- Download the Guide
- Ontario’s Access and Privacy Legislation
Collecting personal information
- Are school boards limited in the amount or kind of personal information they may collect?
- Does a school board need consent to collect personal information about a student?
- When can a school board collect personal information indirectly?
- Does a school board need to give notice that it is collecting personal information?
- What are the rules for collecting, using, disclosing and requiring the production of Ontario Education Numbers?
- Using and disclosing personal information
- Consent to collect, use and disclose personal information
- Safeguarding and retaining information
Access to information
- How do students and parents access personal information?
- Do individuals have a right to access general records from a school board?
- Do students need to reach a certain age before they can exercise their access rights?
- How does a child’s age affect the parent’s right of access to personal information?
- Do non-custodial parents have a right to access a child’s school records?
- Correction of Personal Information
- Special Topics
When is disclosure of a student’s personal information mandatory?
Some laws make it mandatory for school boards to disclose students’ personal information in certain situations. In these cases, MFIPPA would not stand in the way of the disclosure − it permits disclosure for the purpose of complying with another act.36
The following are examples of situations where it is mandatory to disclose students’ personal information, and where consent is not required:
- Disclosure to medical officers of health: The Education Act requires principals to give the name, address and telephone number of any student (and their parent), and the student’s birth date, when it is requested by the local medical officer of health.37
- Notifying parents of harm to students: The Education Act also requires school board employees to report to the principal if they become aware that a student may have engaged in an activity that could result in their suspension or expulsion.38 If the principal believes that a student has been harmed as a result of this activity, they have a duty to notify that student’s parent or guardian, and the parent or guardian of any other student who engaged in the activity. However, there are limits on the nature and extent of personal information that can be shared.39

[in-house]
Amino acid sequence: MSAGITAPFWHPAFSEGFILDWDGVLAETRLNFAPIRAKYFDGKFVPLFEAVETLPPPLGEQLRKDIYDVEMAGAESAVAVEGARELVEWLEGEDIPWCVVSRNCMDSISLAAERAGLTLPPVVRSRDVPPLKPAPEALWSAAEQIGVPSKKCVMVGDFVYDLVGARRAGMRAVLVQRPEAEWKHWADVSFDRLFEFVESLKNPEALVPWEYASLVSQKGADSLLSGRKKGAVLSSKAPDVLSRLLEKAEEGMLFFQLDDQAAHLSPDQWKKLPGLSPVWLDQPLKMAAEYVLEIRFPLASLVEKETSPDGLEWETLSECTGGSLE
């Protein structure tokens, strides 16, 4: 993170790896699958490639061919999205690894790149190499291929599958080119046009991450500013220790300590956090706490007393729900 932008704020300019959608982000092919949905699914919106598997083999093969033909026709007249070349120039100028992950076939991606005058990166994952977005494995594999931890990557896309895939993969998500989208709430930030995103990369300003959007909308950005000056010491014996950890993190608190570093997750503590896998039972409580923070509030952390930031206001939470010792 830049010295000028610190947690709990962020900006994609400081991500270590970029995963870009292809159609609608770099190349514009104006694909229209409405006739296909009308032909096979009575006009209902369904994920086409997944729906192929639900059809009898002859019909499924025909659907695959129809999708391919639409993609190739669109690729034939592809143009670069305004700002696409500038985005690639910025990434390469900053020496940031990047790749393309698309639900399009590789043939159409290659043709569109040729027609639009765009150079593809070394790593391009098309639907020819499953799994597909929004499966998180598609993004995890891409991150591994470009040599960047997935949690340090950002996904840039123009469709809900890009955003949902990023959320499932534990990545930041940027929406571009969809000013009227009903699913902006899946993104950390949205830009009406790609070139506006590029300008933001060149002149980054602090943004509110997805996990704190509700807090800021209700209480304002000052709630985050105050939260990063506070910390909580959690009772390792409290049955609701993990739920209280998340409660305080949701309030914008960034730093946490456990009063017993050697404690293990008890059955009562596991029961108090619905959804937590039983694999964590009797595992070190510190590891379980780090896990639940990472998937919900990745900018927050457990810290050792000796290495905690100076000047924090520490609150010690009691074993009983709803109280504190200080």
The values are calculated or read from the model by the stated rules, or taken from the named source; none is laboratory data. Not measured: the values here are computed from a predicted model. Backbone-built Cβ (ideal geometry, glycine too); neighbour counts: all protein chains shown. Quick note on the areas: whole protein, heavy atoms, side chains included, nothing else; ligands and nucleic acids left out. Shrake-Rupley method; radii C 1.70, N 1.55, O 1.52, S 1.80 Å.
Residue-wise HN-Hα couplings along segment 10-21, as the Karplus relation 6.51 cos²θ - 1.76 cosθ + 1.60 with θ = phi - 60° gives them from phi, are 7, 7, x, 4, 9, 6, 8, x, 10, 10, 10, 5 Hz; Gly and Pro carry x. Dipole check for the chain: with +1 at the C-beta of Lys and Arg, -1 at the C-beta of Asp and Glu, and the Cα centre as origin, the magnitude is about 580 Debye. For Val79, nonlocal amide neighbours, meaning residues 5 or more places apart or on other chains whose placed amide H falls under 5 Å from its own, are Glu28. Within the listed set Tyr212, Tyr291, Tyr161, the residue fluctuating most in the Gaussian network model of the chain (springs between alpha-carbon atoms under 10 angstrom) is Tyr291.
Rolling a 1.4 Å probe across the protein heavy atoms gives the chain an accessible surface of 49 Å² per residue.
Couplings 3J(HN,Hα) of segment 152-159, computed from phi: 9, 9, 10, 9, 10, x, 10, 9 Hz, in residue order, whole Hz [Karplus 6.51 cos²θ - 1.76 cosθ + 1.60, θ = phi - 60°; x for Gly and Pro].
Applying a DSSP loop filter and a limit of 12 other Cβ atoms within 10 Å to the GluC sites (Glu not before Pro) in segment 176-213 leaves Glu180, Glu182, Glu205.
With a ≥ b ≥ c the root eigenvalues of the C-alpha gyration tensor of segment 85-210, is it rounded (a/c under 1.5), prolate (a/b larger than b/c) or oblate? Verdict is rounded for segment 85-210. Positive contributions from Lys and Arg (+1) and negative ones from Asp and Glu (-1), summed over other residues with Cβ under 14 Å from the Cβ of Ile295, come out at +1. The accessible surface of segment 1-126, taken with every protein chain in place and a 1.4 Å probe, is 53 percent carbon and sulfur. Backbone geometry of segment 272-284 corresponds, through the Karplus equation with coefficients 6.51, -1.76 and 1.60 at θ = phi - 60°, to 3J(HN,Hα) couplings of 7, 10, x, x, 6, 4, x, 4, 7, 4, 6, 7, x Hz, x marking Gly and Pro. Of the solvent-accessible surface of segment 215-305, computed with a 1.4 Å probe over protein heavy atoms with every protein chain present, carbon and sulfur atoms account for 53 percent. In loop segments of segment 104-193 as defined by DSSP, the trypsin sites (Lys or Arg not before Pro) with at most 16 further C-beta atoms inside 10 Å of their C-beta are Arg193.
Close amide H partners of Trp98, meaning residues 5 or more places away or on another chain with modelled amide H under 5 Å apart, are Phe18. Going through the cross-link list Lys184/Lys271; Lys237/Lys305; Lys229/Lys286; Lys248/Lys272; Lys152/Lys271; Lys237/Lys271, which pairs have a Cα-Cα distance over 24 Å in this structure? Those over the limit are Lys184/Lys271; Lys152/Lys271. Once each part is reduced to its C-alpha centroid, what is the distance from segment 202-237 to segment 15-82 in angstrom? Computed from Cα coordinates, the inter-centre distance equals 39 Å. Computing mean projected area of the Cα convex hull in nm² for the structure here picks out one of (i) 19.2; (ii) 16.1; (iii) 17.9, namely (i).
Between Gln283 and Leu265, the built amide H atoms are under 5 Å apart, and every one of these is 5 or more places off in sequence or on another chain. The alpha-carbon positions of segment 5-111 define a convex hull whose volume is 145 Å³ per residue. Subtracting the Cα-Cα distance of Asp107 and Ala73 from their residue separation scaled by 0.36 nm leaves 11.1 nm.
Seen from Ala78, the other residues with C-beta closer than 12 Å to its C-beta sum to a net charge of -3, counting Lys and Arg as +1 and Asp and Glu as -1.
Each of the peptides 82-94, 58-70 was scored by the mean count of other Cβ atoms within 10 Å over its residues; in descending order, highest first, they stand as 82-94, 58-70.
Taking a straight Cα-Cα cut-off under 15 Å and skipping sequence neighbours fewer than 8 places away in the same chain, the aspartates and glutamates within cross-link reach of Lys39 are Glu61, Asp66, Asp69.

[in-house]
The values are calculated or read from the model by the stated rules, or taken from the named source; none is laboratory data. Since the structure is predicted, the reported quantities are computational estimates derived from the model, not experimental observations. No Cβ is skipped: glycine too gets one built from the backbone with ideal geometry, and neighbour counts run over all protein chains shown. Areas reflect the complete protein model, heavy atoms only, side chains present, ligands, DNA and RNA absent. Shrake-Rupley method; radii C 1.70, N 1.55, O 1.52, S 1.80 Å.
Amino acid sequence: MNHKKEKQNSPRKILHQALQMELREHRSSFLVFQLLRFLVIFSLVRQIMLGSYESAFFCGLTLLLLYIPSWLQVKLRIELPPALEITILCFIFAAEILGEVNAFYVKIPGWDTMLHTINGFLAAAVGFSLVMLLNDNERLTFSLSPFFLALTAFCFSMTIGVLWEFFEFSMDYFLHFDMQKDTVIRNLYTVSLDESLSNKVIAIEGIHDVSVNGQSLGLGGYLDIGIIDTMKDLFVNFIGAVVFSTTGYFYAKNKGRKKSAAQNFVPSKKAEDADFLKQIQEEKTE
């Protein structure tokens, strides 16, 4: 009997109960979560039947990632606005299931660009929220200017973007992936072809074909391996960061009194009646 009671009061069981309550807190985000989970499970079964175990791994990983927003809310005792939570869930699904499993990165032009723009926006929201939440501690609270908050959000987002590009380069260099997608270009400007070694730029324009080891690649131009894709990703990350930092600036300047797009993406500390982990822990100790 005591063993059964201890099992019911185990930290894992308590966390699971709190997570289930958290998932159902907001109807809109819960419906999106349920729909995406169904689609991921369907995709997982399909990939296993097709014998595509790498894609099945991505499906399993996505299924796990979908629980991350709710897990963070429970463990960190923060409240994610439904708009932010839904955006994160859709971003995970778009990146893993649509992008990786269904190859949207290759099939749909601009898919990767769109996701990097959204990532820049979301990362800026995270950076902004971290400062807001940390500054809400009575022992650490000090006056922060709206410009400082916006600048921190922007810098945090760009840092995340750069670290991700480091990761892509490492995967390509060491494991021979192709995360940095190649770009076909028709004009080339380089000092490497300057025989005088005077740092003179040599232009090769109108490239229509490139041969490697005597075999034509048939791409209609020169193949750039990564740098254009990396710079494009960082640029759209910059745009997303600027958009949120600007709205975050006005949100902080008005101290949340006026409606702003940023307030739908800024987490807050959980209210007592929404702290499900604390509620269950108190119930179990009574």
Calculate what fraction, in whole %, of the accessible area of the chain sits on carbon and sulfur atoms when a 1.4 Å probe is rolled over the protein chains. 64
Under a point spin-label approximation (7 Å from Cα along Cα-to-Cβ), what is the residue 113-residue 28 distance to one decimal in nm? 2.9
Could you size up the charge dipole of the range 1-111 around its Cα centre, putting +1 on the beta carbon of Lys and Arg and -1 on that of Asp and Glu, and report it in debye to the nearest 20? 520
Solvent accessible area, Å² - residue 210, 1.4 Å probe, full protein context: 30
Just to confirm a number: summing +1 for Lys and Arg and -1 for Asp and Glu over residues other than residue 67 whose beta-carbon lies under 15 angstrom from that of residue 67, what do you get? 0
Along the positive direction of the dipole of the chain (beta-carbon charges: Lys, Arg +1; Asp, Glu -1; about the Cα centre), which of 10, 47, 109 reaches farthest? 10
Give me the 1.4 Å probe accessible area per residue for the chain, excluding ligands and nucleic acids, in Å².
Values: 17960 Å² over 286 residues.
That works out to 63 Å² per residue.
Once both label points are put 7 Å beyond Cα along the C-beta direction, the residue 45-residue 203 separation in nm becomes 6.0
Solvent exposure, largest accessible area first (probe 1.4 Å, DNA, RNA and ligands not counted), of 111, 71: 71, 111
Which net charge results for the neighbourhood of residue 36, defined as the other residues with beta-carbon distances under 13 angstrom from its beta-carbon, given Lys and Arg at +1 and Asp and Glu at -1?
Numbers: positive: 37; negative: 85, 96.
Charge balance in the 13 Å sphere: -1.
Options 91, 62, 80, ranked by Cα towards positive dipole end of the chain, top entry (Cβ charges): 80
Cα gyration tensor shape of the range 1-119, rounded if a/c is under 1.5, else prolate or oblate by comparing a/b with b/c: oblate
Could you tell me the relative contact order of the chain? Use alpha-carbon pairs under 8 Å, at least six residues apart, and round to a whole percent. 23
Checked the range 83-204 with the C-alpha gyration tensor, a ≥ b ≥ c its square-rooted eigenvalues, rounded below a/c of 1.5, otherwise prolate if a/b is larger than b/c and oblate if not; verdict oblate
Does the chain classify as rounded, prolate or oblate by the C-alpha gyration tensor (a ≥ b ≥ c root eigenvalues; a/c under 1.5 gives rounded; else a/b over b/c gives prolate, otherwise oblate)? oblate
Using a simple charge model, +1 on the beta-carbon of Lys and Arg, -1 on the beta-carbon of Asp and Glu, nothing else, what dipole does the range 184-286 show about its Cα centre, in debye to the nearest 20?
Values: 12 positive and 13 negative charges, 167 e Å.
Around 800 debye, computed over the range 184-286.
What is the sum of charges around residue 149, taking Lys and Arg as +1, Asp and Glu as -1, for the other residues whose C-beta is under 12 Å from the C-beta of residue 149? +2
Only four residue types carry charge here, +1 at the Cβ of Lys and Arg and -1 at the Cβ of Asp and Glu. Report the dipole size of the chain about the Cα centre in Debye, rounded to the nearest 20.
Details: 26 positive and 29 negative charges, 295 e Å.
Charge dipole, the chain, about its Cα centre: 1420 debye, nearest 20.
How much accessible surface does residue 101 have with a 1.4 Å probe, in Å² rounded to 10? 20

- Disclosure to eligibility review officers: These officers may investigate eligibility for payments under several acts, including the Ontario Disability Support Program Act, the Ontario Works Act and the Family Benefits Act. Eligibility review officers may make a written demand for the production of records. If the officer makes such a demand, the school board or principal must comply.40
- Duty to report a child in need of protection: Under the Child, Youth and Family Services Act, any person, including professionals who work with children, must immediately report to a children’s aid society if they have reasonable grounds to suspect that a child is in need of protection (see disclosure to a children’s aid society).
- Occupational health and safety: Under the Occupational Health and Safety Act, school boards and other employers must advise a worker of any danger to their health or safety that they are aware of. This includes providing workers (for example, teachers or educational assistants) with personal information if it relates to a risk of workplace violence (for example, by a student or parent with a history of violent behaviour).41 There are limits:
- Information should only be shared with workers who are expected to encounter the person in their work and where the risk of violence is likely to expose them to physical injury. This means, for example, that it would not be permissible to share personal information about the potentially violent person with all staff, but sharing with just those staff who have contact with the person would be allowed.
- Employers are prohibited from disclosing more personal information than is reasonably necessary to protect the worker from physical injury.42
While consent would not be required for these disclosures, school boards should provide general information to the school community about the requirements for disclosure, for example, on a website, in a school newsletter, or in a student handbook.